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EVENT REPORT - Ukraine war-time volunteer movement and its role in Ukraine’s democratic future

16 December 2022

On 16 November, EED hosted in our offices the briefing “Ukraine war-time volunteer movement and its role in Ukraine’s democratic future”, a panel discussion with Ukrainian civil society leaders, including Serhiy Prytula.

On 16 November, EED hosted in our offices the briefing “Ukraine war-time volunteer movement and its role in Ukraine’s democratic future”, a panel discussion with Ukrainian civil society leaders, including Serhiy Prytula.

Prytula, one of Ukraine’s most prominent public figures and civil society leaders, is the founder of the Serhiy Prytula Foundation, which provides non-military assistance to the Ukrainian Defence Forces and humanitarian relief to the communities in the war-torn regions of Ukraine.

In the light of the ongoing Russian aggression against Ukraine, the discussion focused on the Ukrainian volunteer movement and the challenges and opportunities for Ukraine’s future democratic development and post-war recovery.

Speakers noted that Ukrainian civil society quickly and effectively reacted to Russia’s invasion and is contributing to Ukraine’s resistance alongside the government’s actions. The common goal of defending the freedom and sovereignty of the country and the need to support the displaced and the vulnerable have motivated the volunteers to work hard over the past ten months, and they have no intention to stop.

The volunteer movement is bringing to light a new generation of civil society activists and new leaders who are committed to further democratic development and modernisation of Ukraine and should play their role in post-war rebuilding.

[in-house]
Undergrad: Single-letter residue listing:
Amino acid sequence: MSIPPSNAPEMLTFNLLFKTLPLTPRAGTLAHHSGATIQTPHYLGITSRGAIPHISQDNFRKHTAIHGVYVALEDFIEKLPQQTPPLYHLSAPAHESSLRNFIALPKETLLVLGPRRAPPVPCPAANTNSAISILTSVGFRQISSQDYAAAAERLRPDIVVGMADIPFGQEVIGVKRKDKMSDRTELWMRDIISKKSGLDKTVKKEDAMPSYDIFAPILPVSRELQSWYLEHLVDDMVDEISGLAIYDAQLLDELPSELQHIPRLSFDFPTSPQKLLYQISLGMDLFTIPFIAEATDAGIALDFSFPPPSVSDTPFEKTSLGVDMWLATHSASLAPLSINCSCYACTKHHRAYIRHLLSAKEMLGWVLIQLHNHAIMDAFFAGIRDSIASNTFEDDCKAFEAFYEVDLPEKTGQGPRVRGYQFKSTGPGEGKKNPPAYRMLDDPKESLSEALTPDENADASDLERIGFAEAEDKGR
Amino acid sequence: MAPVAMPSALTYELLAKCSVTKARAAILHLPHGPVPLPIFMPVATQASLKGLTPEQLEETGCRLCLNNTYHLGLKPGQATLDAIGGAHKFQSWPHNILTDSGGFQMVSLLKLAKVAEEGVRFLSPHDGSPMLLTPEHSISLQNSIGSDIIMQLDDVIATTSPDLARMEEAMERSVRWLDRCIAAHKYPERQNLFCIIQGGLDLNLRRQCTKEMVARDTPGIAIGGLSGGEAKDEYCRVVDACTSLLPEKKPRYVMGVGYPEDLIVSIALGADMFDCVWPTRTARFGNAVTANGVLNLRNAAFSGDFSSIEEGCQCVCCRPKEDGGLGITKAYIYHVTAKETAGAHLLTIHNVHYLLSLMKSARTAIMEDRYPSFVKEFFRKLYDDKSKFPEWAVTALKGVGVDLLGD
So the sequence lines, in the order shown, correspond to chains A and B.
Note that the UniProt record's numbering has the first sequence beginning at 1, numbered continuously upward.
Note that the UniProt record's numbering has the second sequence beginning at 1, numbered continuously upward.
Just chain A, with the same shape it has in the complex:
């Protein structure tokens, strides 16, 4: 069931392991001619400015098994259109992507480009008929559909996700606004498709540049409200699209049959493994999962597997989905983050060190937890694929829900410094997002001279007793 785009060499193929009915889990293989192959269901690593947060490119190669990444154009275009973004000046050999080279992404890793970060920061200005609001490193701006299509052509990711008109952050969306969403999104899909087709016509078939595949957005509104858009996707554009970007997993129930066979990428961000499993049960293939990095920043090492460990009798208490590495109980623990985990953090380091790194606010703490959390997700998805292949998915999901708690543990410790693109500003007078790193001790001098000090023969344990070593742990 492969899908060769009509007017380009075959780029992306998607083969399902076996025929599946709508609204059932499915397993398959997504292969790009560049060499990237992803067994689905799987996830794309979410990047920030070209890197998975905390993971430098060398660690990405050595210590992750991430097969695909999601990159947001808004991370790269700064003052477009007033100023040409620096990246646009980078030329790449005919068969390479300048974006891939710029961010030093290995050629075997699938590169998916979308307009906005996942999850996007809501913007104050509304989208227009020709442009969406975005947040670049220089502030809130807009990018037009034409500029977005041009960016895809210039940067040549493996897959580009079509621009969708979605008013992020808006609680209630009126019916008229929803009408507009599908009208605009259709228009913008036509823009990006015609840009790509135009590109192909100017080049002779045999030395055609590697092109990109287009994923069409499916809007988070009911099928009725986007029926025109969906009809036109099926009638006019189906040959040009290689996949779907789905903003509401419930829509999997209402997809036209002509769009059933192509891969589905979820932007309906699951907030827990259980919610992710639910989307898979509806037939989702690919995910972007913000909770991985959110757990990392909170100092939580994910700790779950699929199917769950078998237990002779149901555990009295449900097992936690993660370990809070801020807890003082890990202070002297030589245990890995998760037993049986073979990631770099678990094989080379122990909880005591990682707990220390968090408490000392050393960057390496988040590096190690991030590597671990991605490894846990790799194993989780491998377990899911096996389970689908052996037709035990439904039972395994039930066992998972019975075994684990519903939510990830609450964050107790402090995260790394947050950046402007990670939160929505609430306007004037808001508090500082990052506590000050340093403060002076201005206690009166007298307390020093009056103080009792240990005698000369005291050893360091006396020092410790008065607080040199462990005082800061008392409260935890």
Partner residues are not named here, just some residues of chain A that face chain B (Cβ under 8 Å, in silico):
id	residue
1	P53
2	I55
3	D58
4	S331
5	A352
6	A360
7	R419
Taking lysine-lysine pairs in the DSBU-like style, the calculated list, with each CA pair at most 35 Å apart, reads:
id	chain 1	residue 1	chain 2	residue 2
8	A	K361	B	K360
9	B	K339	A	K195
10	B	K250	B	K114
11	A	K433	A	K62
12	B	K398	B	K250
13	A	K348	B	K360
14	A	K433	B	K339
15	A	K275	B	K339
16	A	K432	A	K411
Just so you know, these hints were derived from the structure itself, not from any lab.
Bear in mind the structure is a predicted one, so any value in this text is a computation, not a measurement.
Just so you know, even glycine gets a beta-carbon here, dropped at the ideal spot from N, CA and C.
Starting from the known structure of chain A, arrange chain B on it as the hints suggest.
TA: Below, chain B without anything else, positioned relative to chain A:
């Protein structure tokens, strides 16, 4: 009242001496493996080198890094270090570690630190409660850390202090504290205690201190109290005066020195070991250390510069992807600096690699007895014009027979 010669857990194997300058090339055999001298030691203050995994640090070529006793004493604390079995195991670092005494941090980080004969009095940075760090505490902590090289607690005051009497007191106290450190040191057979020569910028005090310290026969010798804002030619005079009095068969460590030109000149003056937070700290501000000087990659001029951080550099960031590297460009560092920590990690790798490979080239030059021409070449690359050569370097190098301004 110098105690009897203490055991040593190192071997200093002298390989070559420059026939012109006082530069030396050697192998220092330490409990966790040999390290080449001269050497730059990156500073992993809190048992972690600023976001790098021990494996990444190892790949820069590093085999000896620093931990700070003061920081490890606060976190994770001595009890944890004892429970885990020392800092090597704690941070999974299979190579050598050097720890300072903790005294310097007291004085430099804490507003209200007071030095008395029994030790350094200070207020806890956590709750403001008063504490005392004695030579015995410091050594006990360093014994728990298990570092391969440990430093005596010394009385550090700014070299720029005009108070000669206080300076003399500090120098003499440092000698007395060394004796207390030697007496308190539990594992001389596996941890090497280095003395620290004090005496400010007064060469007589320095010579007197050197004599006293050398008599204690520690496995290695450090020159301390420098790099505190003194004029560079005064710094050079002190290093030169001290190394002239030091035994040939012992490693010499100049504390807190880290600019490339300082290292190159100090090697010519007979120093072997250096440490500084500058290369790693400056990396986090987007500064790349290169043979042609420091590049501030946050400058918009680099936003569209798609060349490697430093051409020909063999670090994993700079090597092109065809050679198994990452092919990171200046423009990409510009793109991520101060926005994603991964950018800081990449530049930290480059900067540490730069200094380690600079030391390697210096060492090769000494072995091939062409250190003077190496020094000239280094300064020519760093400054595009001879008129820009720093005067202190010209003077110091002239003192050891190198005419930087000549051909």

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After opening remarks by EED Executive director Jerzy Pomianovski, moderator Yulia Bankova from Liga.net highlighted the remarkable unity of Ukrainian civil society throughout the years: “We always stick together; it happened with the Orange Revolution in 2004, with Euromaidan in 2013-14, and it’s happening now during the war.”

Serhiy Prytula commended the massive efforts of the entire Ukrainian society: “It is vital to stay united - we are invincible only when we’re united.” He also noted: “We are witnessing a new generation of leaders in our volunteer movement, they have the trust and support of the population, which is crucial to achieve change”.

Konstantyn Batozskyi, of the Centre for Policy Making, emphasised the struggle faced by those who remained in territories occupied by Russia: “Volunteers are considered as the enemy by the Russians and labelled as Nazis. They are imprisoned and killed. We need to remember them and hold Russia accountable for its war crimes.”

Dmytro Drobot of the Kharkiv Anti-Corruption Centre discussed how societal trust was essential to help people when Kharkiv was under attack: ”There was nobody to explain to citizens what to do, how to escape; so volunteers organised large-scale actions to help them. We could not afford to wait for the state to come and help us, we had to act immediately.”

Svitlana Sova of the Union for Responsible Citizens highlighted the role of women in the volunteering movement, and the need to financially support volunteers: “Many of us are investing our own money to help others, which is not sustainable. Increasing monetary assistance to the volunteer movement for institutional capacity-building will help them continue to operate and raise funds to help citizens.”

Sova also referred to the Lugano Declaration/Civil Society Manifesto, noting: “We have declared the framework and principles of development. Development in Ukraine is not possible without the principles we have noted in this manifesto – Ukraine with a European identity, with representative democracy, and where decision making processes are transparent, inclusive and participative. We have stated the red lines that cannot be crossed…. To date over 250 organisations have signed this manifesto.”

The speakers also appealed to international organisations and donors to continue their support to Ukraine and thevolunteer movement in the long run to ensure its success.

This article reflects the views of the grantee featured and does not necessarily represent the official opinion of the European Endowment for Democracy, the European Commission or any other European State or other contributors to EED.

 

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